http.cors.allow-origin: “*”

http.max_header_size: 16kb

Now run the docker-compose.

[email protected]:~/monitoring$ docker-compose up -d

Access Elasticsearchusing the IP and Port and you will see the Elasticsearch UI.

http://ip_address:9200

Now We will setup the Metricbeat. It is one of the best components used along with the Elasticsearch to capture metrics from the server where the Elasticsearch is running. It Captures all hardware and kernel-related metrics like system-level CPU usage, memory, file system, disk IO, and network IO statistics, as well as top-like statistics for every process running on your systems.

To Install the Metricbeat, simply append the docker-compose.yml file, metricbeat.yml, and modules.d file as below.

metricbeat:

    container_name: metricbeat

    hostname: metricbeat

    user: root #To read the docker socket

    image: docker.elastic.co/beats/metricbeat:latest

    logging:

      options:

        max-file: “3”

        max-size: “50m”

    volumes:

      #Mount the metricbeat configuration so users can make edits.

      – ./metricbeat.yml:/usr/share/metricbeat/metricbeat.yml

      #Mount the modules.d directory into the container. This allows user to potentially make changes to the modules and they will be dynamically loaded.

      – ./modules.d/:/usr/share/metricbeat/modules.d/

      #The commented sections below enable Metricbeat to monitor the Docker host rather than the Metricbeat container. These are used by the system module.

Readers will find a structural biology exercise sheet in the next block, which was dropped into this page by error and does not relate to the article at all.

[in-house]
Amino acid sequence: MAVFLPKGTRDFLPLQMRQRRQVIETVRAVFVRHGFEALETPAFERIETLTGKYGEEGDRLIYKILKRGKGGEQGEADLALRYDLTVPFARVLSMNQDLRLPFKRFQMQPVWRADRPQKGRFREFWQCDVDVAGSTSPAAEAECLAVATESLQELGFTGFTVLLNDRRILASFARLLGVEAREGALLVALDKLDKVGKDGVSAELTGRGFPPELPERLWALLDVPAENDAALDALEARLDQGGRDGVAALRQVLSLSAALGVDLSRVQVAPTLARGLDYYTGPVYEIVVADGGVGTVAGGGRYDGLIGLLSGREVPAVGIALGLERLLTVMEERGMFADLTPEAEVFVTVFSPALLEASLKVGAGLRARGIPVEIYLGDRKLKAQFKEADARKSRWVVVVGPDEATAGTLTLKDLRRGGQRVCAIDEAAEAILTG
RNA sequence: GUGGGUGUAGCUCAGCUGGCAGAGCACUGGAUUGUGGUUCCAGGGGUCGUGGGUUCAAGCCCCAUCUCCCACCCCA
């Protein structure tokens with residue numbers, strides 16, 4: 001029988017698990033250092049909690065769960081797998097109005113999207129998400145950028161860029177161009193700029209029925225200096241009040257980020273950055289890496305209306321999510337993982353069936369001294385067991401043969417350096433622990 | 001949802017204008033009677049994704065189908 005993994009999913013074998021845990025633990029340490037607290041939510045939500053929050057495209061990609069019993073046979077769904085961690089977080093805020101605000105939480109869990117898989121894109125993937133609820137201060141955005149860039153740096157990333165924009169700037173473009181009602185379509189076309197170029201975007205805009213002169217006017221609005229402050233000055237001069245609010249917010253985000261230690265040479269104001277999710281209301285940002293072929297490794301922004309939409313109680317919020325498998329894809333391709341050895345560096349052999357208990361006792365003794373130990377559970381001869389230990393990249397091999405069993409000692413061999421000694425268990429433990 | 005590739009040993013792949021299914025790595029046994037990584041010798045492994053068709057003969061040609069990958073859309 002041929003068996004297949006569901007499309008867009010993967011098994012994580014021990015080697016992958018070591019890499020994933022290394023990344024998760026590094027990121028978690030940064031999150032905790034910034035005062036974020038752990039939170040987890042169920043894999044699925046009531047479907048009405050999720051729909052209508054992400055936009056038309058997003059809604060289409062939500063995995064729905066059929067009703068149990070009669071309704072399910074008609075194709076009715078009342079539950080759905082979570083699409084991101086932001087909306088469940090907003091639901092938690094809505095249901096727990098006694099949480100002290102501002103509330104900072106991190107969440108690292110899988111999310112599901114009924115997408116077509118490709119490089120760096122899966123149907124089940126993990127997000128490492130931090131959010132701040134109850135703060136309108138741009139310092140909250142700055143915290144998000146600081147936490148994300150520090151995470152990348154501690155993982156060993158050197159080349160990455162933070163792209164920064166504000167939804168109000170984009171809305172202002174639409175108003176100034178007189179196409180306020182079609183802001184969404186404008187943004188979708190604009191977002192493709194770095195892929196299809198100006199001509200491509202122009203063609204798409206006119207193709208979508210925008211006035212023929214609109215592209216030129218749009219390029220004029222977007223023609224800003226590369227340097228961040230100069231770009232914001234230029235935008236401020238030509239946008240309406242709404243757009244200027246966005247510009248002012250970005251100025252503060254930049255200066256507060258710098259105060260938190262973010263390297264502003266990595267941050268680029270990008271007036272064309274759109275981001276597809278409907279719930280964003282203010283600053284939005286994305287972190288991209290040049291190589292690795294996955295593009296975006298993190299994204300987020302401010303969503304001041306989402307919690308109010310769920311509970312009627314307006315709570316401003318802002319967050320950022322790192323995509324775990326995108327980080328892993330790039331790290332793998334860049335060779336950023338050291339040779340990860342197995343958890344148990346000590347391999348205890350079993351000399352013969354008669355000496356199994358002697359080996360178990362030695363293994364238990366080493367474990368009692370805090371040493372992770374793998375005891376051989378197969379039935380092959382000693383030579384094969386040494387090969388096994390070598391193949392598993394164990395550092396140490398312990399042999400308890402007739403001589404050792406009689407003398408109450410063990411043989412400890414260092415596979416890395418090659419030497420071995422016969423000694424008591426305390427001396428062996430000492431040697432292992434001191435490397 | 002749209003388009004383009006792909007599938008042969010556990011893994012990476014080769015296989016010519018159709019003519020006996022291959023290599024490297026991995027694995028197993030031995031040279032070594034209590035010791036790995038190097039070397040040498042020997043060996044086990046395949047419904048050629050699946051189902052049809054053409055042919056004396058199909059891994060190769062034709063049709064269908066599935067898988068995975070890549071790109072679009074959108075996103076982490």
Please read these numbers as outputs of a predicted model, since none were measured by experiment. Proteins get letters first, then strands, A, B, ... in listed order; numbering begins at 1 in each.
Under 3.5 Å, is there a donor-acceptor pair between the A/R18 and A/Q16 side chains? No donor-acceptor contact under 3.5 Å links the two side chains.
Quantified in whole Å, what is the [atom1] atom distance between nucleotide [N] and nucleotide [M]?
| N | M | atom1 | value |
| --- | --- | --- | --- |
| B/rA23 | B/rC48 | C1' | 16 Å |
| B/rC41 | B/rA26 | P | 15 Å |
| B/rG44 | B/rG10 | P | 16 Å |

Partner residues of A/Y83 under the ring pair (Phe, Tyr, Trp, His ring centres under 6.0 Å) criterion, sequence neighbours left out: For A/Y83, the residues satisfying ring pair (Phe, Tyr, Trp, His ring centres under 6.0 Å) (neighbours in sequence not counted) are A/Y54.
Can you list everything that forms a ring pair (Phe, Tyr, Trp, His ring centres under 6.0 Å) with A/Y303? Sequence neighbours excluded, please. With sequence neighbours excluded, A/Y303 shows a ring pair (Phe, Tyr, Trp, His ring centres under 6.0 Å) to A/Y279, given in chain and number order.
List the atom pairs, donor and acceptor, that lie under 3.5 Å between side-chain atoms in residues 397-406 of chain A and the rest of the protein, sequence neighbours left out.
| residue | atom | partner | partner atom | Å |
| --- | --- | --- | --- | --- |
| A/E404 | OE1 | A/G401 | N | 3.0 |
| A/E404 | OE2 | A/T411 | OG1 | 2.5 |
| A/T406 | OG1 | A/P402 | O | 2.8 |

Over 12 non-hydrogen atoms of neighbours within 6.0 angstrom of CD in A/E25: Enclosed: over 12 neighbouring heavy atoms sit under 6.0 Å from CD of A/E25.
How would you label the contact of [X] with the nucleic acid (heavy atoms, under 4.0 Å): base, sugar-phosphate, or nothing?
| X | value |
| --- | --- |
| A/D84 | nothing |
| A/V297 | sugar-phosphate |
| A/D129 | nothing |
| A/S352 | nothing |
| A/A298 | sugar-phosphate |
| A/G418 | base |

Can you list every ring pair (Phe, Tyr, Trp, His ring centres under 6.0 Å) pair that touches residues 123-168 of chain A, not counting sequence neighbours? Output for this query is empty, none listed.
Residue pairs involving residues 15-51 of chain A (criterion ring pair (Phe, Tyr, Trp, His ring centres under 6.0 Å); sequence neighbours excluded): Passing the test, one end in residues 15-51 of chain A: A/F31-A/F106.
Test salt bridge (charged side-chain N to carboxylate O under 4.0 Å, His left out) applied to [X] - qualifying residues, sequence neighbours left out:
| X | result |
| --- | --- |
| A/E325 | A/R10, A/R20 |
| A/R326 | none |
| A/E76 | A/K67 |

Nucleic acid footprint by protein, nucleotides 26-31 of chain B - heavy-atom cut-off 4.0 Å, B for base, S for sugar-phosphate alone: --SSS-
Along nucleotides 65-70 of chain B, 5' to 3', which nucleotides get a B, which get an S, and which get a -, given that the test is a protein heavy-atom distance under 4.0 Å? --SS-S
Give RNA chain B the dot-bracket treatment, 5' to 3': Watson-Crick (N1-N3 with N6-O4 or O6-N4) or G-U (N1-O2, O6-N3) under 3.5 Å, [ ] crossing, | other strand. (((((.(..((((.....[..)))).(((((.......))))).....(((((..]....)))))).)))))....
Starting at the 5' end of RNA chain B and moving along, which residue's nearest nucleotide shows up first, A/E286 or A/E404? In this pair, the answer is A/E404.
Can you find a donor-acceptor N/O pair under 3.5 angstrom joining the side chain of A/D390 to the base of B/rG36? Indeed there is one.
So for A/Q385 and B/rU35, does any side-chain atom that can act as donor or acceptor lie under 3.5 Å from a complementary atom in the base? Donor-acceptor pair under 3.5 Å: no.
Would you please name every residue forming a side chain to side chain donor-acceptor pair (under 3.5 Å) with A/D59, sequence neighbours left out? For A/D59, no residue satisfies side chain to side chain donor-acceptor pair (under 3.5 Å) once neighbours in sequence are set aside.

– /proc:/hostfs/proc:ro

      – /sys/fs/cgroup:/hostfs/sys/fs/cgroup:ro

      #Allows us to report on docker from the hosts information.

      – /var/run/docker.sock:/var/run/docker.sock

      #We mount the host filesystem so we can report on disk usage with the system module.

      – /:/hostfs:ro

    command: metricbeat -e -system.hostfs=/hostfs -strict.perms=false

    networks: [‘stack’]

    restart: on-failure

#    environment:

#      – “MYSQL_ROOT_PASSWORD=${MYSQL_ROOT_PASSWORD}”

    depends_on:

      elasticsearch:  { condition: service_healthy }

Append the metricbeat.yml as below,

metricbeat.config.modules:

  path: ${path.config}/modules.d/*.yml

  reload.period: 5s

  reload.enabled: true

processors:

– add_docker_metadata: ~

monitoring.enabled: true

setup.ilm.enabled: false

output.elasticsearch:

  hosts: [“elasticsearch:9200”]

logging.to_files: false

setup:

  kibana.host: “kibana:5601”

  dashboards.enabled: true

The compose file consists of the volume mapping to the container, one is the metricbeat configuration and the second one (modules.d) is to Mount the modules.d directory into the container. This allows users to potentially make changes to the modules and they will be dynamically loaded. Now run the docker-compose.

[email protected]:~/monitoring$ mkdir modules.d

Append the system.yml as below inside the module.d folder,

– module: system

 metricsets:

   – core

   – cpu

   – load

   – diskio

   – filesystem

   – fsstat

   – memory

   – network

   – process

   – socket

 enabled: true

 period: 5s

 processes: [‘.*’]

 cpu_ticks: true

 process.cgroups.enabled: true

 process.include_top_n:

   enabled: true

   by_cpu: 20

   by_memory: 20

So now the Composite docker-compose file will look like below,

version: “2.1”

services:

#Elasticsearch container

  elasticsearch:

    container_name: elasticsearch

    hostname: elasticsearch

    image: “docker.elastic.co/elasticsearch/elasticsearch:latest”